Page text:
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The Music Matters reissue of saxophonist Sam Rivers' Fuchsia Swing Song is likely the finest pressing of this record ever produced. Remastered from the original two- track tapes, and pressed on two 180 gram 45 rpm LPs, this vinyl is dead quiet, and sonically stunning. The instruments are huge in the soundstage and the clarity blows any CD versionand likely most prior vinyl versionsout of the water. Add to that a gorgeous gatefold cover with additional session photos and thick plastic sleeve liners, and this truly ranks as a first-class, ultra deluxe edition of this 1964 Blue Note classic.
But the musicoh, that music!
Sam Rivers' first album as a leader, as well as his first album for Blue Note, blends two of the major saxophone schools of the day. By 1960, jazz tenor had been redefined by the very different playing styles of Sonny Rollins
. Rollins was (and remains to this day) a melodist at heart which, even when he was stretching out his improvisations, left them accessible and easily contextualized. On the other hand, Coltrane's genius was built on his fearless harmonic inventions, speed, and raw emotion. Rivers' achievement with Fuchsia Swing Song is how successfully he blends those two schools of performance in his own voice.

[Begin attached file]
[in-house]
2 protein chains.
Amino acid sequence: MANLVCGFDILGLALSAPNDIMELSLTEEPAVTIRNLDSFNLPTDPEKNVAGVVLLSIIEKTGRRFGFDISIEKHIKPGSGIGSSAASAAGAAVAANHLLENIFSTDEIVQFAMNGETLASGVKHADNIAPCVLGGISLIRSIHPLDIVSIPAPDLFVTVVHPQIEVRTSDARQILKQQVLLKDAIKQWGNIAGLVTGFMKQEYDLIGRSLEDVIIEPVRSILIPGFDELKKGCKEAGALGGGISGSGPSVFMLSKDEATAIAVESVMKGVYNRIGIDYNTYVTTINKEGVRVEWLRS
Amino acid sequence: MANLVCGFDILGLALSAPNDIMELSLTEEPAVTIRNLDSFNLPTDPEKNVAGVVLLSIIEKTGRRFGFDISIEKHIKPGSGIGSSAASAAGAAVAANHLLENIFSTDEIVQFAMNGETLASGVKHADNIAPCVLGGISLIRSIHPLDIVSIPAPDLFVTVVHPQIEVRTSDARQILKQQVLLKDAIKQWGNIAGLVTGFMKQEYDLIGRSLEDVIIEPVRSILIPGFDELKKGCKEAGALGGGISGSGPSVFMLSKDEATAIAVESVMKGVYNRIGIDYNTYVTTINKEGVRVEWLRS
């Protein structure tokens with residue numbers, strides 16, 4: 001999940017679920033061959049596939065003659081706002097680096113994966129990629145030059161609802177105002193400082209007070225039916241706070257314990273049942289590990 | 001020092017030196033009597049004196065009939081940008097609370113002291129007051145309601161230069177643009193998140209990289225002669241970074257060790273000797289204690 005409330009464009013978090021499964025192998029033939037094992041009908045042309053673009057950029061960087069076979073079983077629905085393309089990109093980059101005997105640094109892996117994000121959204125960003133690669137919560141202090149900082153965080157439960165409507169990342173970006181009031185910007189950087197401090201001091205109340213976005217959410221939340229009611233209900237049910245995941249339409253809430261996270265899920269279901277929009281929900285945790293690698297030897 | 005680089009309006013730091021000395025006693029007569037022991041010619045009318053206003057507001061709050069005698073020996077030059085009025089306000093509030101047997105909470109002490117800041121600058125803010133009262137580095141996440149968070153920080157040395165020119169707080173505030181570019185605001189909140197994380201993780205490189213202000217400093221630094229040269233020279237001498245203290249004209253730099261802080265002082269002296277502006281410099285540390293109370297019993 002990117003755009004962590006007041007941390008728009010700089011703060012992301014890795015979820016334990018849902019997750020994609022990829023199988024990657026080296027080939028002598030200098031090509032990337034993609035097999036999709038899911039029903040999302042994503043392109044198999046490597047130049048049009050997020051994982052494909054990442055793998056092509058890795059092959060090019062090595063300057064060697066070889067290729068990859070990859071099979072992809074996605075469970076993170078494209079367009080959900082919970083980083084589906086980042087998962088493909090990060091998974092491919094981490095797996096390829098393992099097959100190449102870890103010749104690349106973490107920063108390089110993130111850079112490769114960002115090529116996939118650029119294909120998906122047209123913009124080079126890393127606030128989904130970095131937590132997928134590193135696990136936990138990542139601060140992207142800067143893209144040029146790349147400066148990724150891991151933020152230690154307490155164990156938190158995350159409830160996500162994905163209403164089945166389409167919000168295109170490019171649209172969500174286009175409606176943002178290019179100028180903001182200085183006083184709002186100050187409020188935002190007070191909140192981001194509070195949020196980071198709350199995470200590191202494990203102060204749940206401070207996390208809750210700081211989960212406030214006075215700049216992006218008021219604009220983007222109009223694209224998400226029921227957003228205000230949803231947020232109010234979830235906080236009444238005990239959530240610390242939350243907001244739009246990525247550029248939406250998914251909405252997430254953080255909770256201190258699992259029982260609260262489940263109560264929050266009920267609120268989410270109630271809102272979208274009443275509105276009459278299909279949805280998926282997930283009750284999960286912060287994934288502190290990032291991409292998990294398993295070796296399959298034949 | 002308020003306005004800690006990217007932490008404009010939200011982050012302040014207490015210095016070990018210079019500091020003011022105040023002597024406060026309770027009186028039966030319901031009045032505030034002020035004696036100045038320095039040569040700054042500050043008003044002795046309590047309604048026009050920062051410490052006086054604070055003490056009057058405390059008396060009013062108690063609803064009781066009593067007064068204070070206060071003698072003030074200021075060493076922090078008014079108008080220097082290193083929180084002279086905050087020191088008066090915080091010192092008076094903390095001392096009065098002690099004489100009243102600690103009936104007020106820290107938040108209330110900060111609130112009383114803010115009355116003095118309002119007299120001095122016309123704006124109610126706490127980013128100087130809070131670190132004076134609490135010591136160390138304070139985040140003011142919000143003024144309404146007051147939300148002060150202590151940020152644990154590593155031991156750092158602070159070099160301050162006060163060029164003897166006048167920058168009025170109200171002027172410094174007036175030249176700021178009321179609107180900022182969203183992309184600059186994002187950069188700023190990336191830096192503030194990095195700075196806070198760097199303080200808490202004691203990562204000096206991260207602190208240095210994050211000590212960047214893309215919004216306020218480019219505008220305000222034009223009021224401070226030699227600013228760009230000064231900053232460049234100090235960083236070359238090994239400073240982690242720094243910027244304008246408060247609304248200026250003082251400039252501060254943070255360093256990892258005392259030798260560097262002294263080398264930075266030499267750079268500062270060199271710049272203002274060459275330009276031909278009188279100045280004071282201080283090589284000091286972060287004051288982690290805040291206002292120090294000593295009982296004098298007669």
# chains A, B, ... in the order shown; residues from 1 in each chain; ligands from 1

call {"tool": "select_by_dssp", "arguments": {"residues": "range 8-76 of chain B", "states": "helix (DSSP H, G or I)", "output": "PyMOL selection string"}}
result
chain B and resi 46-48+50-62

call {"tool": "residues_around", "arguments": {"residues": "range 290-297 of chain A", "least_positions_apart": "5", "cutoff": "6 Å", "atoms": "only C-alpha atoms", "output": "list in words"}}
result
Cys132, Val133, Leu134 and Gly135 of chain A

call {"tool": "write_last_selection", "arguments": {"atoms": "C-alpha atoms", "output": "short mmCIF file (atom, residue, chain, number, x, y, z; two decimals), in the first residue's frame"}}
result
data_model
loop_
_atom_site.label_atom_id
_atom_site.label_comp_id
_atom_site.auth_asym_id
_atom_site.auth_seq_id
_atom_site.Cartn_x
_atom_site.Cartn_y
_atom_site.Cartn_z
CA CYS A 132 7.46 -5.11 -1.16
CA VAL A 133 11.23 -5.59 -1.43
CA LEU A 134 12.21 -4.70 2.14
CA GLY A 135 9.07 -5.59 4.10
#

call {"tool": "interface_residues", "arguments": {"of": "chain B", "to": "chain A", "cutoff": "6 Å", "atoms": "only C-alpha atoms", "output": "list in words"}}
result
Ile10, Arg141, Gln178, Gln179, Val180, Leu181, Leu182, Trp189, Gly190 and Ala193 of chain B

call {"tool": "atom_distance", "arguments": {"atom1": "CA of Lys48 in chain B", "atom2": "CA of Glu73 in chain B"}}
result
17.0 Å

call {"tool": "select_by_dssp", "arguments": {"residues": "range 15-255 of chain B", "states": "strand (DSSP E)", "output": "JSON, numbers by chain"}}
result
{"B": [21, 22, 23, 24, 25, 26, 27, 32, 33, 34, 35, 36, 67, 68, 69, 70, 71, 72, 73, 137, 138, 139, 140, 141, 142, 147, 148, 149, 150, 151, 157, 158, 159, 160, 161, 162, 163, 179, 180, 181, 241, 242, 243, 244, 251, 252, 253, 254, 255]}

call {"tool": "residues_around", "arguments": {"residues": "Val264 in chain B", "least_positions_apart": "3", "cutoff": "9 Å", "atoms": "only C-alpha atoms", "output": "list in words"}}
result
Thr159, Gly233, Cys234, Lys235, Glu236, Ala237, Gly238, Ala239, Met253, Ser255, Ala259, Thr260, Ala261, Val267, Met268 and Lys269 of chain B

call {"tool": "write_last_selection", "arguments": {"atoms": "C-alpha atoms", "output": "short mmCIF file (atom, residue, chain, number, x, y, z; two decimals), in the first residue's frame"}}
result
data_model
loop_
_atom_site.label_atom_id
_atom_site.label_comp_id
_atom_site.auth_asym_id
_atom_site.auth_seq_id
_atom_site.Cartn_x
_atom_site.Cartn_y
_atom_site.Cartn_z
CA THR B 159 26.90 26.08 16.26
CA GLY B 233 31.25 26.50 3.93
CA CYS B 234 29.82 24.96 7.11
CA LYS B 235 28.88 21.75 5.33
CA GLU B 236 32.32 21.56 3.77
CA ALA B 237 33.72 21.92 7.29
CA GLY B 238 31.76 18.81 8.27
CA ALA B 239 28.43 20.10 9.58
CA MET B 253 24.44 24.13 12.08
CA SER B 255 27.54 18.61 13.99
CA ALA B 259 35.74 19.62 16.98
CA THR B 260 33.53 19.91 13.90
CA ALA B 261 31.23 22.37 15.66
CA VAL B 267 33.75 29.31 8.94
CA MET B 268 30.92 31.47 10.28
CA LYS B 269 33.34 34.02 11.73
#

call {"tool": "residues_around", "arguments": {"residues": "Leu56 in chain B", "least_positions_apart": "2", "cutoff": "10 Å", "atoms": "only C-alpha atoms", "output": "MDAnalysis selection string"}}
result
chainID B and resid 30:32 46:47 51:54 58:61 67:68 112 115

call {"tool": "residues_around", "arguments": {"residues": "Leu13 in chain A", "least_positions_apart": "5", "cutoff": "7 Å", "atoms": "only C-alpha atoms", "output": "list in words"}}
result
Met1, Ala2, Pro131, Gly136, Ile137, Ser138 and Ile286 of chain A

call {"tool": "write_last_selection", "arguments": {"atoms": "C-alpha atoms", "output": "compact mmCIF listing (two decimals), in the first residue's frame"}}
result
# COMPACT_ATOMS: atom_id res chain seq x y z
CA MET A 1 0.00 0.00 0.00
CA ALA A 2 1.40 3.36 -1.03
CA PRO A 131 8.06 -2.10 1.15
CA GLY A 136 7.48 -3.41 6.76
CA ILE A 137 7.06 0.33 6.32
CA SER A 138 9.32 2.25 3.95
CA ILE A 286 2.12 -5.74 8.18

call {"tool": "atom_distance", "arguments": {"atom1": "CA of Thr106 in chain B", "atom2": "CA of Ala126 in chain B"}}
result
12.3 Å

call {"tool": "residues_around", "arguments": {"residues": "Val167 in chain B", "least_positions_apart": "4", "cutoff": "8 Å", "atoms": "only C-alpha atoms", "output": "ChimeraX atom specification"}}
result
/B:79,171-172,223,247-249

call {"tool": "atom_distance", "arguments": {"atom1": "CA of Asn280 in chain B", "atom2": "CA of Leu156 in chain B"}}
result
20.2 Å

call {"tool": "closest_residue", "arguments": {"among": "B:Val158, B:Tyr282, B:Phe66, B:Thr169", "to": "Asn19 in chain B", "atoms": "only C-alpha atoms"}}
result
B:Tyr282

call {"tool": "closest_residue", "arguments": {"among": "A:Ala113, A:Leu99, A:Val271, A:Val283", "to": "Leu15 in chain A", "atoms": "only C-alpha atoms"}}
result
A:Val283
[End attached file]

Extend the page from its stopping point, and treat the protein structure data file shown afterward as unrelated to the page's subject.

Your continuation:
The first few bars of the opening title track are indeed a pretty, well-defined melody: very Rollins-esque with a warm, if somewhat loose, breathy delivery. But that doesn't last long. Rivers begins improvising after just one turn of the melody, immediately blending components as diverse as Coltrane's "sheets of sound," as he pushes the boundaries of his horn into false notes, before throwing in a few traditional threads of bebop. There is a lot going on in this track and Rivers' enormous skills hang it all together.
"Cyclic Episode" takes it all even further out. Opening again with a defined melody, the tune quickly pushes the boundaries of its structure as pianist Jaki Byard
uses his comping to distort the rhythm and key signature, before allowing it all to snap back into place for an aggressive Rivers solo. But when Byard takes his turn he quiets it down dramatically, slowing the tempo until, with the drums laying out, he achieves a soft, almost Bill Evans
-style melancholy before exploding back into the original theme with his own high flying improvisational statement.
The brilliance of Fuchsia Swing Song is that it's endlessly ingenious at every level. The musicians have an uncanny ability to pull and stretch every passage like taffy without actually breaking the core melodic framework of the tunes. They can be subtle, belligerent, tender, and even completely over the edge, but all of these disparate contributions become integral to one of the most thrillingly satisfying records of the era. Fuchsia Swing Song doesn't seem to garner as much attention as some of the more popular titles in the Blue Note catalog and that's a real crime because this is truly one of the finest jazz albums of the era.